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Invasive groups control unwelcome plants and animals on the peninsula

While the Kenai Peninsula is relatively lucky that the ecosystems here are fairly intact, there are still a handful of invasive species making their way into the streams, fields and gardens here. In recent years, that’s accelerated due to climate change and people intentionally or unintentionally bringing in new species.

For about the last 15 years, the Kenai Peninsula Cooperative Invasive Species Management Area has primarily focused on plants. In fact, that was previously in its name — it was called the Kenai Cooperative Weed Management Area until this last December, when the group changed its name.

Katherine Schake, the coordinator for invasive species program through the Homer Soil and Water Conservation District, said  their work is now open to all kinds of invasive species — including animals.

"Some people will plant an ornamental in their yard and not realize it can jump the fence and take over the salmon stream," Schake said. "Or there’s people transporting fish from one lake to another, which is illegal and not allowed, but it still gets done sometimes."

The Alaska Department of Fish and Game, the U.S. Fish and Wildlife Service, and the Kenai Watershed Forum are handling work on invasive species like northern pike on the peninsula, while much of the work that the Soil and Water Conservation District handles is still invasive plants. However, the groups do work together when the opportunity arises, Schake said.

For instance, the Kenai Watershed Forum and the Soil and Water Conservation District are working together on controlling orange hawkweed on the central Kenai Peninsula. Last summer, an infestation was reported on the Tsalteshi Trails, and the Kenai Watershed Forum went out to treat it with herbicide.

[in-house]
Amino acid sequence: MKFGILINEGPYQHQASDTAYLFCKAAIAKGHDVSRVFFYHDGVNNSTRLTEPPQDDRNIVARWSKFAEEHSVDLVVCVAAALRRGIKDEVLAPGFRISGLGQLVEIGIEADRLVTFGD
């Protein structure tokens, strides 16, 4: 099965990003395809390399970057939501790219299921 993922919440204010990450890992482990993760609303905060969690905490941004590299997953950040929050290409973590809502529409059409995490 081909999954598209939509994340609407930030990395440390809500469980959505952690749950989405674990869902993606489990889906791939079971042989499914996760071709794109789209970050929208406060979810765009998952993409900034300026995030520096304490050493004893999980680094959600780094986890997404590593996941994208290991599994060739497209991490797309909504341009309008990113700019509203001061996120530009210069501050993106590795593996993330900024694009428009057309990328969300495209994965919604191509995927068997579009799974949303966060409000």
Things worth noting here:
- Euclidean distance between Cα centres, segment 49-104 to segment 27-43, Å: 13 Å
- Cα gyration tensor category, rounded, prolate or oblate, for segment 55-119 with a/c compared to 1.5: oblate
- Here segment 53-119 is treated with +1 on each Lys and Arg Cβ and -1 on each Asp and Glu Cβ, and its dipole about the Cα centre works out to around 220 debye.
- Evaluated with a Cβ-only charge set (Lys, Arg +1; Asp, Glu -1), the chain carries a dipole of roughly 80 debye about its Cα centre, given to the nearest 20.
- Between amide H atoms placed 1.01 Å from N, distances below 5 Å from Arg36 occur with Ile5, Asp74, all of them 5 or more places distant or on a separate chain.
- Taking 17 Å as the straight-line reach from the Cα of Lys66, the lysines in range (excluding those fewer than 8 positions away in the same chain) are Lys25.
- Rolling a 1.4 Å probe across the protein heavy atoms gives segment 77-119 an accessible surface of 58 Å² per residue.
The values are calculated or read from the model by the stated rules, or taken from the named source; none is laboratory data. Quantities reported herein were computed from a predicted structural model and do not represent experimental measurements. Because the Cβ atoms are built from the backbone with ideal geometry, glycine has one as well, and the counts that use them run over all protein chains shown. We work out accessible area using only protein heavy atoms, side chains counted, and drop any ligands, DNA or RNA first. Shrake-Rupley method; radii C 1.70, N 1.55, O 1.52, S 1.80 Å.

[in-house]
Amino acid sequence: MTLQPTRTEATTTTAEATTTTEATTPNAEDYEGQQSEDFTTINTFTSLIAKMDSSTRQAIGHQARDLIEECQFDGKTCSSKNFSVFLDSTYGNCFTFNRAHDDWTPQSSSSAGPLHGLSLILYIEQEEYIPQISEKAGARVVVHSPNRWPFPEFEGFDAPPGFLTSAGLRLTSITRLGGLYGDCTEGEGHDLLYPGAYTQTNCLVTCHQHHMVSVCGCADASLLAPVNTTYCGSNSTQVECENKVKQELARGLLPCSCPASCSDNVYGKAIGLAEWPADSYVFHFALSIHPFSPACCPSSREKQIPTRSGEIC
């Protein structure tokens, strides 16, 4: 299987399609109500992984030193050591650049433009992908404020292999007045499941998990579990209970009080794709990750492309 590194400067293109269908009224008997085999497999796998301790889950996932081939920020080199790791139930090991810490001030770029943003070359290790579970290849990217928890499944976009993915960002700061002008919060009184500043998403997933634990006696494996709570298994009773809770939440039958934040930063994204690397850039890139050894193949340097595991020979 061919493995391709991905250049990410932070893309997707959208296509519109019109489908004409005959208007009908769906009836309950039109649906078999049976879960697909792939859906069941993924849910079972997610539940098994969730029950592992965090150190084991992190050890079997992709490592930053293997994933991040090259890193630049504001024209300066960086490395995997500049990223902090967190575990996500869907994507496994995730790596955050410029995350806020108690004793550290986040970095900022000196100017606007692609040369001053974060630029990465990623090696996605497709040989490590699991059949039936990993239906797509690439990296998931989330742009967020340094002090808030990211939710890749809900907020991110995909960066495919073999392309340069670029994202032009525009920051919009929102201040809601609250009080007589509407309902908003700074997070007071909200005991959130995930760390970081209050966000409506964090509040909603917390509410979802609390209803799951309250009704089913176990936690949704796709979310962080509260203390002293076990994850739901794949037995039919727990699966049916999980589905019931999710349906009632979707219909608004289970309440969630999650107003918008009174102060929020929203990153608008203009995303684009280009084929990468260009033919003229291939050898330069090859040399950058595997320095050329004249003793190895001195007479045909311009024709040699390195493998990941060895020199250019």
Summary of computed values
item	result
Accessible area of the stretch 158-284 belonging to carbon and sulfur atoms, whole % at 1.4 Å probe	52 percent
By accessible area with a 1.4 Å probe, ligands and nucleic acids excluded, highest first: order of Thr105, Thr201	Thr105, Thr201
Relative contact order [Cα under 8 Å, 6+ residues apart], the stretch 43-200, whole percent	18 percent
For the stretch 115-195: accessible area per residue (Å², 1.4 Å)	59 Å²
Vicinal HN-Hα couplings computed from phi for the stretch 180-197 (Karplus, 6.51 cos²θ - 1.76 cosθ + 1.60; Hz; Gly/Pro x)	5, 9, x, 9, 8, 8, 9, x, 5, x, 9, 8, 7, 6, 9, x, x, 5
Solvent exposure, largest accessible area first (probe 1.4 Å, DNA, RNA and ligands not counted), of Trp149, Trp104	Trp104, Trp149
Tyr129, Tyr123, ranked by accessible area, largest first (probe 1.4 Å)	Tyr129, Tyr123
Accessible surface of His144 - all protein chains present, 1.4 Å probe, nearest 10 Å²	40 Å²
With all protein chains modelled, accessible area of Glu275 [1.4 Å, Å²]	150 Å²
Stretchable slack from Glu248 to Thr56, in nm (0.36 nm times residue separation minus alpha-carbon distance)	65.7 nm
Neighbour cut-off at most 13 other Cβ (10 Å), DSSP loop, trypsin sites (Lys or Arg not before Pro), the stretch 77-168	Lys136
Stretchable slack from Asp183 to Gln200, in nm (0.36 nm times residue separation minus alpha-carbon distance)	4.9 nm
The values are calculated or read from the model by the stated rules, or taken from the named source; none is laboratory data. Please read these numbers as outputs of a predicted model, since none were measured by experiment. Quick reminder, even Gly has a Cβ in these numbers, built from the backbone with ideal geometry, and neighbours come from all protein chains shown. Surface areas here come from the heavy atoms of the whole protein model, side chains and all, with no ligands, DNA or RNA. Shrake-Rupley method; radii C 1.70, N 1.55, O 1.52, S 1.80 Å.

Orange hawkweed looks a little like orange dandelions and grows in clumps. When it’s cut or torn up, it actually grows more, and it can release a toxin that inhibits other plants from growing up. Schake said it’s usually treated with herbicide because the entire root has to be torn up.

In Homer, the weed is everywhere. But in the central peninsula, the infestation is still isolated enough that it could be treated and controlled, Schake said.

"As we get further from Homer toward the central peninsula, we manage and respond to any other orange hawkweeds that have shown up so far that are in public lands or are in DOT right-of-ways, along the highways, or even on borough roads," she said. We’re assisting with eradication there. One of the things that’s most important above all with invasive species is reporting. We rely on the public to let us know when they find an invasive species."

Generally, the invasiveness of a particular weed is rated based on how it reproduces, spreads, and displaces other native species. If it’s relatively low risk, like dandelions, it’s not a high priority for treatment. However, high risk species like orange hawkweed are important to treat. Another one is mayday trees, also called chokecherry or European bird cherry. The trees are pretty, smell sweet, and attract birds, but they also spread and can displace other species.

Last summer, the Soil and Water Conservation District and the Kenai Watershed Forum worked together with volunteers to survey how many of the mayday trees there were on the peninsula. Previously, the local word had been that they weren’t invasive on the peninsula, only in Anchorage. Last summer’s survey showed that wasn’t true, and Schake says the organizations are planning work this year to take out a number of them.

Often, one thing the groups struggle with is outreach and awareness, she said. But that wasn’t true with the mayday tree case.

"They have a great scent, they attract the birds, they’re beautiful, but they have become so aggressive and are outcompeting native vegetation for moose and also becoming a pain for people to manage in their laws, that we didn’t have to do much of that outreach because people talked amongst themselves and have seen firsthand what it’s doing," Schake said.

This summer, the governor has declared an Alaska Invasive Species Awareness Week starting on June 13. The Cooperative Invasive Species Management Area is planning a number of community weed pulls that week, and Schake says more details will be published on the group’s website, That website also has more information about the invasive species documented on the peninsula and how to treat or manage them.